Particle School at CERN


CERN, Geneva


23rd August 2019

Additional information:

Year 12 physics students, who are interested in applying for Physics, Computing or Engineering at university, were invited to apply by writing an essay, for the Particle School at CERN in August 2019, run by Professor Themis Bowcock and the LHCb experiment research group.

Congratulations to William (Dulwich College), Ella and Leila (JAGS), Miranda (Alleyn’s), Thomas (Kingsdale) and Bill (Charter School North Dulwich) who have been offered places on this amazing trip.

The Liverpool University LHCb group have agreed to host this fantastic scholarly opportunity for the ninth year.

The aim of the Particle School is to give future Physicists exposure to the life of a researcher, at CERN. The students, who work with like-minded peers, will have access to data from the LHCb experiment at CERN, through dedicated activities and lectures. They will also experience the day-to-day atmosphere of the CERN laboratory. This experience has been extremely well received by previous delegates, many of whom have achieved undergraduate places at top universities and some are now pursuing post-graduate studies in Physics.

For the fourth year, we are extending places to include schools in the Southwark Schools’ Learning Partnership and there will be a total of twelve available places (plus two supervisors) for the South East region, with six places offered to the King Edward schools in Birmingham (plus one supervisor), making eighteen students in total. Places will be offered based on selection of essays, written by students, from a set list of titles, which will be selected by Professor Bowcock.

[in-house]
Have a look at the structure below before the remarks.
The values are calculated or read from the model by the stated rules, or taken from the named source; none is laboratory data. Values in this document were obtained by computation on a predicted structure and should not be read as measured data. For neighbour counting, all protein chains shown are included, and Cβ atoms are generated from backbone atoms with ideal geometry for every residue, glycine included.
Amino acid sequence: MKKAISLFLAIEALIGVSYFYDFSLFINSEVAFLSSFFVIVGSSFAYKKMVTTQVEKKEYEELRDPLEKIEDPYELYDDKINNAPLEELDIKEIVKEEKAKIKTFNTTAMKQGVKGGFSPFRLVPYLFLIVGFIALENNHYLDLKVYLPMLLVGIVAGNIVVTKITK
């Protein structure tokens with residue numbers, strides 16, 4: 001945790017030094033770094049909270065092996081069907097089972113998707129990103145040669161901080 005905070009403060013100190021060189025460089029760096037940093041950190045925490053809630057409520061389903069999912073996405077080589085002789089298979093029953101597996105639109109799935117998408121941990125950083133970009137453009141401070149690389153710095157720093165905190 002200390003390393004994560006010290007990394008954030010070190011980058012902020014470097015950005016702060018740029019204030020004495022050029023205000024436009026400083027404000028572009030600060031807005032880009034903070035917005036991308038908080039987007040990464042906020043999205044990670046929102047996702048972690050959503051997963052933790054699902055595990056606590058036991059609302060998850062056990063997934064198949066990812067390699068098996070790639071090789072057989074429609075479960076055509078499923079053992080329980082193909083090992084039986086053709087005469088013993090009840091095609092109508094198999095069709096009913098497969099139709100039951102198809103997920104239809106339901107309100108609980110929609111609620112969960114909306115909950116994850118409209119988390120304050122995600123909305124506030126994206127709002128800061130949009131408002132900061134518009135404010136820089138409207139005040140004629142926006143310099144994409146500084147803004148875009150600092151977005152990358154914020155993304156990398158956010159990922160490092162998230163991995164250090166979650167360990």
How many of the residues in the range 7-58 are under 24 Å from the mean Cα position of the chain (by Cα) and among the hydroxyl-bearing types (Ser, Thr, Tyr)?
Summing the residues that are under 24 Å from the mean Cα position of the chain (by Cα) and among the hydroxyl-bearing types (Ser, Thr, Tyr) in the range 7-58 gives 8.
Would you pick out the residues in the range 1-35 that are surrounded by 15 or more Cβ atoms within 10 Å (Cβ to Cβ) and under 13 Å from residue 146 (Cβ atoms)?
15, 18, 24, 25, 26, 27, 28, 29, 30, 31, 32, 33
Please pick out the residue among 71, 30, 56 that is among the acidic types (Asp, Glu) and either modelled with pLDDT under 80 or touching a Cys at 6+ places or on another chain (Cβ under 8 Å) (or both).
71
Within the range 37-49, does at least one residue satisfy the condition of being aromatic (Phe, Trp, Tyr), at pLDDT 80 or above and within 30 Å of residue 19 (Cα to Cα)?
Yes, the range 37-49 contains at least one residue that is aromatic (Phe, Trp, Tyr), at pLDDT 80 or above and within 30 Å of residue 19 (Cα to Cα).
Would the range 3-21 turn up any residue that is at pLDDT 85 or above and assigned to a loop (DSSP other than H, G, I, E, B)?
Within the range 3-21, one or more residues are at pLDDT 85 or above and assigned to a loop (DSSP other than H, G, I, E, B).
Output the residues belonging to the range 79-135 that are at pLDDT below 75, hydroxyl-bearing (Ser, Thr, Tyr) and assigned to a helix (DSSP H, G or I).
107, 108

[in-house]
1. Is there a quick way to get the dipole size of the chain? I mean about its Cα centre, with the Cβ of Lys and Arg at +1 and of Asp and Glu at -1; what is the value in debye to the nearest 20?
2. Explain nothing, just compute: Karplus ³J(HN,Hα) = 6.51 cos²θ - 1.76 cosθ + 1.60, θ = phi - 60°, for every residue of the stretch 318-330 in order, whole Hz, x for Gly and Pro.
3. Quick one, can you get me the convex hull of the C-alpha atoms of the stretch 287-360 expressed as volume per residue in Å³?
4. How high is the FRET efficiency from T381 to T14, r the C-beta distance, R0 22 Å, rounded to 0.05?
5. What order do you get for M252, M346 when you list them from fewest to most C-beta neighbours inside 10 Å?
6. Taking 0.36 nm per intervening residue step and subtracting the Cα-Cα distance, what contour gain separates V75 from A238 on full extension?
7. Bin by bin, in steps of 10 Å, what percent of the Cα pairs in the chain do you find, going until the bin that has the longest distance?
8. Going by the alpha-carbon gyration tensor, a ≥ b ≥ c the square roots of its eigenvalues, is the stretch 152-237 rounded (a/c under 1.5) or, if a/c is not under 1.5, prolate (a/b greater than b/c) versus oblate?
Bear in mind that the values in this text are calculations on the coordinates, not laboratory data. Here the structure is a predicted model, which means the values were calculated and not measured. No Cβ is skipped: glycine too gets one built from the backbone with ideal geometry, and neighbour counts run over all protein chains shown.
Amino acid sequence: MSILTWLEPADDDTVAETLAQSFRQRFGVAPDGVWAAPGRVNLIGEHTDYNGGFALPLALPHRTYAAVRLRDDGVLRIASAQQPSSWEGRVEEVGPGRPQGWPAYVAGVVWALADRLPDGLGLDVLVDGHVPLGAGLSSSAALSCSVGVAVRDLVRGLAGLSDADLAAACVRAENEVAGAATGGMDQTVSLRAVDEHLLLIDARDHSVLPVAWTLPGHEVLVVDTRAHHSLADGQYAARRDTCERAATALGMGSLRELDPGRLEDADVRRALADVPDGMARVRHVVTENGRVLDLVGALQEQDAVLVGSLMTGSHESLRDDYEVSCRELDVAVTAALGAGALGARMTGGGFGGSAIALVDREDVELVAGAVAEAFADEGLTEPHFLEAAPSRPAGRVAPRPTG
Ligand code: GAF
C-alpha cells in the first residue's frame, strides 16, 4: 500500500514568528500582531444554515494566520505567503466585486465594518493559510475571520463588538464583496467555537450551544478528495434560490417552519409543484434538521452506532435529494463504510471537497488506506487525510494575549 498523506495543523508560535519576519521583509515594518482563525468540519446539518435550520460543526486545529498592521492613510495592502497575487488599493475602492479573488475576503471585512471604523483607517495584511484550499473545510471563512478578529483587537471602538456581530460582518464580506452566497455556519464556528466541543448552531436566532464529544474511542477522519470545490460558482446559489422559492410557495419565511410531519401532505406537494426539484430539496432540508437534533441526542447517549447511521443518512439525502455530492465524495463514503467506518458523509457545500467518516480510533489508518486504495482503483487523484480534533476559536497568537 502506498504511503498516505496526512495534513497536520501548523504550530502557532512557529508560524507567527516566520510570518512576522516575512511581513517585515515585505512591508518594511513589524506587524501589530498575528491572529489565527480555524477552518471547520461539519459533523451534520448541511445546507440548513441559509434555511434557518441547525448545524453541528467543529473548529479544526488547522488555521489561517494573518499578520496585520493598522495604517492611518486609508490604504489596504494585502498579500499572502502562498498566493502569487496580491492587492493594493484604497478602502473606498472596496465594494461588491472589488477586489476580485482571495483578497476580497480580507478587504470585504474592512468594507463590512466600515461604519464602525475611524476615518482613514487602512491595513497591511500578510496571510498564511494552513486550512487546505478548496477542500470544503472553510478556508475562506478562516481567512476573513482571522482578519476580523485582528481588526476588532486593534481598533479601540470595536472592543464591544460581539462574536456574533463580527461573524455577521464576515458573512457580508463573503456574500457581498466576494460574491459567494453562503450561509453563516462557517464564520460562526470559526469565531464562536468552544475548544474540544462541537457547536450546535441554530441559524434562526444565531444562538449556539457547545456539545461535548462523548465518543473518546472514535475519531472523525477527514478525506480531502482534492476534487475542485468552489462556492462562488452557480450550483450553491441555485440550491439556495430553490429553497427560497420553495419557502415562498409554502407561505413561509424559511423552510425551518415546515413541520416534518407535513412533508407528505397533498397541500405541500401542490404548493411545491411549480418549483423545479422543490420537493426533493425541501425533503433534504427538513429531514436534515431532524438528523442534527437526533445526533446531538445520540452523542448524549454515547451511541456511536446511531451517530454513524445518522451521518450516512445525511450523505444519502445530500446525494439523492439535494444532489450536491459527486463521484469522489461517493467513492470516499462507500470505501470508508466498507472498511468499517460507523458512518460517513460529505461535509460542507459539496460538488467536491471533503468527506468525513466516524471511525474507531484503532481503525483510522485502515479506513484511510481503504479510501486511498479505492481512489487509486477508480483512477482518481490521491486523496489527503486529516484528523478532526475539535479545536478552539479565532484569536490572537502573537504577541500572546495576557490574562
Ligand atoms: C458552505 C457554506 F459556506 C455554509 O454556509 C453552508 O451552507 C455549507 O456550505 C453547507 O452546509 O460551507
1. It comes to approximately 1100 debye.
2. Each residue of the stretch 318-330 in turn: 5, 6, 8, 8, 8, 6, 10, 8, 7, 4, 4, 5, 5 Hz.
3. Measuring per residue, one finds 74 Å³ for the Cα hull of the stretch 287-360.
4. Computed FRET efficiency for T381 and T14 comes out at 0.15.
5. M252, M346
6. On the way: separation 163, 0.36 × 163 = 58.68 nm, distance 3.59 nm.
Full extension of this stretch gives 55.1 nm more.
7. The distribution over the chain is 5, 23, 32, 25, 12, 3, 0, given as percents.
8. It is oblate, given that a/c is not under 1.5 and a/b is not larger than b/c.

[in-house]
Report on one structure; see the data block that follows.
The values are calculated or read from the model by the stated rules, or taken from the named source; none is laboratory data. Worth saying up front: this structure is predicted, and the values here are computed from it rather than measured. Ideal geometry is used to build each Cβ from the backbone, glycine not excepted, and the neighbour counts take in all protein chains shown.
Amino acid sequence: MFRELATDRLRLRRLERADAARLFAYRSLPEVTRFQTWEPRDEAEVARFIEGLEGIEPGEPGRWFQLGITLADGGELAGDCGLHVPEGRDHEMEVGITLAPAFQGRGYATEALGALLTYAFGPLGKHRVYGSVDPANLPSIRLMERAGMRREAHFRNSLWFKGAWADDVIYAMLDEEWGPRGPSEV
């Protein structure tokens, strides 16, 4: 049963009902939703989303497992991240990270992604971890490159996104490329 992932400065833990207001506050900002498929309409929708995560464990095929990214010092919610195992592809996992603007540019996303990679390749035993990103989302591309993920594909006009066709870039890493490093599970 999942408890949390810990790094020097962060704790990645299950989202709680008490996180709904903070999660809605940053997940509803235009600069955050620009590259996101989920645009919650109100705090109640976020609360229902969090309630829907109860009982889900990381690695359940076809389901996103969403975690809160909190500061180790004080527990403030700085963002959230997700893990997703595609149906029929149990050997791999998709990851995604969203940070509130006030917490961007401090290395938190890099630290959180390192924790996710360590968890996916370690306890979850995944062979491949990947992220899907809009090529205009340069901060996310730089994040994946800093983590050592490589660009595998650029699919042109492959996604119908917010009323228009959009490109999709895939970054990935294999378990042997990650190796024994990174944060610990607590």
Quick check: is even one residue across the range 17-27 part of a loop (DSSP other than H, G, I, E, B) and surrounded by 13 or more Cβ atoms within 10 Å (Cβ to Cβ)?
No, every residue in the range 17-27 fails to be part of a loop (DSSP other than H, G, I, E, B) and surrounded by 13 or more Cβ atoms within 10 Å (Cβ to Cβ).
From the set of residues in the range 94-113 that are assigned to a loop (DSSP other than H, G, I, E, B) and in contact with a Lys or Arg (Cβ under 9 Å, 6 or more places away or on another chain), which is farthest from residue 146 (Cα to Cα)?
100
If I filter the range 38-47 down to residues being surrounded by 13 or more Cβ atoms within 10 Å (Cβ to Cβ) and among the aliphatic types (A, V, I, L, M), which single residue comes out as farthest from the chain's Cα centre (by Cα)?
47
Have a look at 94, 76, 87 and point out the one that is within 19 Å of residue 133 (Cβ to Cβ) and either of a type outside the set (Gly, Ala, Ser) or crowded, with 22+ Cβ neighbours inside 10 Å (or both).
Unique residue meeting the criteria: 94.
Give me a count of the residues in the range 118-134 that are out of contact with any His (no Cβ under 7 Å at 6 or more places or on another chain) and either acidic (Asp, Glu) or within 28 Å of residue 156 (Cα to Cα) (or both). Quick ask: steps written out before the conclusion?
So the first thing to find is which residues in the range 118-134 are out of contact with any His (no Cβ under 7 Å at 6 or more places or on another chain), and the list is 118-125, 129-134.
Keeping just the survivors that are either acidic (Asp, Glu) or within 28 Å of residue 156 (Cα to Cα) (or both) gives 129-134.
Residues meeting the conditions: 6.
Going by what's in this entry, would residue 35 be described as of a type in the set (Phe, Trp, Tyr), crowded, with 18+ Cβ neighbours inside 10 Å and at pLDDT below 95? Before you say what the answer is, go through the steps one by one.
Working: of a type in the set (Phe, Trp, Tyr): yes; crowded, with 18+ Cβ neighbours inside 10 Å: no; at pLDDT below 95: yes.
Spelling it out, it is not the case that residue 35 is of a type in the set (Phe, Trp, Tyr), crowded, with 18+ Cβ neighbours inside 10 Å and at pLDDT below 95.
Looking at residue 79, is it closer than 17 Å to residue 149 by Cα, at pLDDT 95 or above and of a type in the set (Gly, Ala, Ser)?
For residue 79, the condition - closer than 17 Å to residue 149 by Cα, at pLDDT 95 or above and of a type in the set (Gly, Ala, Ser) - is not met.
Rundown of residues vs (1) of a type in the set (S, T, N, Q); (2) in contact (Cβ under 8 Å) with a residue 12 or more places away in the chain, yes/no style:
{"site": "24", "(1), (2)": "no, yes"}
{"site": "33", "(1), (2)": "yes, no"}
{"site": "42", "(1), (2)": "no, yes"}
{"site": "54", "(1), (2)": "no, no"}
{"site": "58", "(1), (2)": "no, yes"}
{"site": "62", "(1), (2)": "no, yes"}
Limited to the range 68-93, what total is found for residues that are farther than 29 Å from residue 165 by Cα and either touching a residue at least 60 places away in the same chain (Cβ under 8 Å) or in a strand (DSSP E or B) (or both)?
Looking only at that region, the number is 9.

Trip logistics and cost
The visit will be over four nights, leaving on Monday 19 August and returning on Friday 23 August 2019. Travel to and from Geneva will be via air from Gatwick. Students will need to make their own way to and from Gatwick Airport. Students will need a valid passport and European Health Card.

We have been offered some funding towards places for state school applicants and are seeking further funding in the hope that the costs charged to such pupils should not exceed £300. This will be confirmed in due course, but the cost should not deter pupils from applying. This will be inclusive of flights, accommodation at the Geneva Youth Hostel, all food (breakfast at the hostel, lunch and dinner at CERN, the Particle School Dinner) and an evening bowling.

How to apply
Application was a competition via essay submission by Thursday 10 January 2019.

The Essay Task
From Professor Bowcock:
“Write a short essay of less 800 words on ONE of the topics listed below. Where you have made use of textbooks, journals or the internet for material these must be referenced. Do not hesitate to use diagrams (and mention their sources) if it will help clarify a point to the reader. The topics are of current interest to physicists at CERN but you do not have to make your talk CERN-centric! Whatever topic you do chose ensure you introduce the basic concepts you use as if explaining to someone with little scientific background.”

Essay titles:
i. What is Supersymmetry?
ii. Matter-Antimatter Asymmetry in the Universe
iii. Dark Energy and Dark Matter
iv. Explore an engineering breakthrough that set LHC apart from previous particle accelerators.
v. How are proton beams used in non-LHC experiments at CERN?
vi. How is the design of LHCb better suited to the study of B Meson decays than a general purpose detector?
vii. What new physics can LHCb directly or indirectly detect, and how?
viii. For what physics goals is it important to have ~360 degree general purpose detectors like CMS and ATLAS?
ix. Cosmology is the study of the universe at a macroscopic scale whilst particle physics is concerned with the smallest scales imaginable. How can cosmologists work with particle physicists?
x. Why is the Higgs Boson important to particle physicists?

The skill is to keep the essay concise, yet with clarity and substance, and with attention paid to the designated audience as stated above.
Essays selected in the past were those that used all 800 words but not more. One was rejected since it was overly mathematical and ultimately ended up a little confused and another was too brief and consequently did not provide sufficient depth. Professor Bowcock also ran the essays through the plagiarism software they use at the university, so own words and careful, in-line referencing are essential.